‘Confused and concerned’: What Italy’s non-EU residents think of planned €2,000 healthcare fee

Jessica Lionnel
Jessica Lionnel - [email protected]
‘Confused and concerned’: What Italy’s non-EU residents think of planned €2,000 healthcare fee
Photo by Ina FASSBENDER / AFP.

After the Italian government announced plans to increase annual healthcare charges to €2,000 for some international residents, The Local’s readers told us what they thought of the idea.


It’s no overstatement to say there was widespread confusion amongst Italy’s international residents this week when the Italian economy and finance ministry (MEF) first mentioned a €2,000 healthcare charge for “foreign residents who are citizens of countries that are not members of the European Union” 

The MEF included the brief mention of the new charges in a statement on the draft budget bill for 2024, and the health ministry later clarified that the charge would not in fact apply to all non-EU nationals, but only to those who already pay an annual fee to use the SSN.

This however means the many foreign residents who do have to pay to register with the SSN under what’s called ‘voluntary’ registration, or iscrizione volontaria, could see a sharp increase in their registration fees from next year.

Still others say they’re unclear as to whether or not the charges would apply in their circumstances.

In particular, UK nationals who moved to Italy before Brexit say they are concerned that changing rules could impact their access to healthcare in future.

READ ALSO: What we know about Italy's plan to charge non-EU residents €2,000 for healthcare

“The imposition of a €4,000 charge for us as a couple would begin to make staying here untenable,” said one British reader who lives in Abruzzo.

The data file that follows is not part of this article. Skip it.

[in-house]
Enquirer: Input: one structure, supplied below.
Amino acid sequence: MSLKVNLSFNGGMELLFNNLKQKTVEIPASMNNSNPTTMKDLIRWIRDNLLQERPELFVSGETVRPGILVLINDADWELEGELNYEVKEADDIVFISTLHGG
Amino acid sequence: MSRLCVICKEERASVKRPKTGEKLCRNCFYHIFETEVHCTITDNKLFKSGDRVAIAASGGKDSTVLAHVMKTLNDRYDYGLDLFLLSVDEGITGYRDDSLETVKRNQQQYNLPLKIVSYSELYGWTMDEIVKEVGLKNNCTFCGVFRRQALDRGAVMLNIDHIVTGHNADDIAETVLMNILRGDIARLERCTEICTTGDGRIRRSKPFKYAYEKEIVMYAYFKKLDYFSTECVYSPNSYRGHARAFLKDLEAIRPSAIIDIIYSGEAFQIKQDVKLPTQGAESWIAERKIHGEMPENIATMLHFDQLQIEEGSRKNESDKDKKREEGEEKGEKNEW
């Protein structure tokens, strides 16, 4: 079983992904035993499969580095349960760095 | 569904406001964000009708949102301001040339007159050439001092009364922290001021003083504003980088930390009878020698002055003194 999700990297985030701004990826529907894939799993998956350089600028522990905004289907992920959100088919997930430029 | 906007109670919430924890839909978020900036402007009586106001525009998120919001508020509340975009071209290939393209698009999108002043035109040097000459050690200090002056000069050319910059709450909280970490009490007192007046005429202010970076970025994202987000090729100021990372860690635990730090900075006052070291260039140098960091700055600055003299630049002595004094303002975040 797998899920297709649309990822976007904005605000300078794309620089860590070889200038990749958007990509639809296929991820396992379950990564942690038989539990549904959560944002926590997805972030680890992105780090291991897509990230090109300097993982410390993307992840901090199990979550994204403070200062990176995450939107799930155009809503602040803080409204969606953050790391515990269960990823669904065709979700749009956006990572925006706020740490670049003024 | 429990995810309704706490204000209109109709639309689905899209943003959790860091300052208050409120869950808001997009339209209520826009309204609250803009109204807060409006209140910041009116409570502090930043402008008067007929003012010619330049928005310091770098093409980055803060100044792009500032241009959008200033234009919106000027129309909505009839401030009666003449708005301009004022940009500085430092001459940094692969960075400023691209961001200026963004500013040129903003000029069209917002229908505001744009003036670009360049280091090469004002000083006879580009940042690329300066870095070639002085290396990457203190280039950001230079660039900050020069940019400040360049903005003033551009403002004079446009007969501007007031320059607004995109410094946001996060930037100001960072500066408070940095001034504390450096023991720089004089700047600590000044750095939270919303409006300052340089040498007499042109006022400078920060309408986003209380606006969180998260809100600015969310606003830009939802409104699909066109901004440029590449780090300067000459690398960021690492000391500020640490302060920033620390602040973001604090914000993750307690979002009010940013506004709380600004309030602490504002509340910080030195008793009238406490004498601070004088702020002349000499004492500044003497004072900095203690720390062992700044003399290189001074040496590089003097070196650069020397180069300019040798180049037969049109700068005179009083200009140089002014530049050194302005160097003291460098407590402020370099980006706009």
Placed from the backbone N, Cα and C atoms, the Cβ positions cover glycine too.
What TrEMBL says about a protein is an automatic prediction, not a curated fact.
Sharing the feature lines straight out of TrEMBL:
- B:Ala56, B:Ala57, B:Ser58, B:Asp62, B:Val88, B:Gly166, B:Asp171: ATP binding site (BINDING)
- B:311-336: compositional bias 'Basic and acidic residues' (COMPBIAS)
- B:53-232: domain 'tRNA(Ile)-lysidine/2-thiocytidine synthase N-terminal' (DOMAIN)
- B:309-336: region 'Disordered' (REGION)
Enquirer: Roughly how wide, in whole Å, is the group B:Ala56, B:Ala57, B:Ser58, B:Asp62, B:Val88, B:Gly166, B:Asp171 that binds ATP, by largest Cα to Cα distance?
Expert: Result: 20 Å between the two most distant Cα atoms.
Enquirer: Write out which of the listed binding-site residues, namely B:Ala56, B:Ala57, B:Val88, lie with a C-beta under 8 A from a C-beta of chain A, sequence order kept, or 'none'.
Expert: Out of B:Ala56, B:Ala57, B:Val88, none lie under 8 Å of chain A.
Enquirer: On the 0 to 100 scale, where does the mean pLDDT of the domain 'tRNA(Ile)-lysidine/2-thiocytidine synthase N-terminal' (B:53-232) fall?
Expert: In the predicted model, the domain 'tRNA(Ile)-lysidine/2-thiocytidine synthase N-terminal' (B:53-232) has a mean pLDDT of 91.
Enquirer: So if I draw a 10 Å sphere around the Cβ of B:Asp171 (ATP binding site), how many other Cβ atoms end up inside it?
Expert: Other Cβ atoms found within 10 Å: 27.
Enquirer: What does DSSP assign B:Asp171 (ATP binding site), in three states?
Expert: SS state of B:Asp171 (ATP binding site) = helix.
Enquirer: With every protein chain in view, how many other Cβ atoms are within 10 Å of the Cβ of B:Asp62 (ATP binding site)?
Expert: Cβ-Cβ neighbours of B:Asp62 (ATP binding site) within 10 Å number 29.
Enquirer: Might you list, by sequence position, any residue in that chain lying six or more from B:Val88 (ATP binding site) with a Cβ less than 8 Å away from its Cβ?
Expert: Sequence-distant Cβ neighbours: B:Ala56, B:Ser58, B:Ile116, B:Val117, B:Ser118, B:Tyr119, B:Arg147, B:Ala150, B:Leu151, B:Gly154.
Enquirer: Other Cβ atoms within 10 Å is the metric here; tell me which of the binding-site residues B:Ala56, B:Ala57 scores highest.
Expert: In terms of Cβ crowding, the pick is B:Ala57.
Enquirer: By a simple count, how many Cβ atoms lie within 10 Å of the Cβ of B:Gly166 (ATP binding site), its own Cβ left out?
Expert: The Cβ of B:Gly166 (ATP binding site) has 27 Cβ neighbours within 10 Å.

As holders of an S1 form they do not currently have to pay a registration fee, but like many others they said they were concerned by the lack of detail about what the plan could mean.

“To change the rules to adversely affect us when we are already committed to being here is grossly unfair.”


The administrators of the Facebook group Beyond Brexit, which has 4500 members, explained in a statement to The Local: “The WA provides that those legally resident in Italy from before the end of December 2020 and their families are treated the same as EU citizens in their host country. 

“However, that has not prevented a multitude of errors and misunderstandings with resulting difficulties accessing healthcare.

“Quite understandably, when the proposed €2,000 fee for non-EU citizens hit the headlines, some people were confused and concerned that once again our status would be misunderstood. 

“In our view, it needs to be explicit, not just implicit that Withdrawal Agreement beneficiaries would not be affected if this goes ahead.”

READ ALSO: Who would be affected by Italy's plan to charge €2,000 a year for healthcare?

Jim Grant, a retiree who moved to Ostuni, Puglia, before the transition period ended, agrees that a lot of questions need to be answered.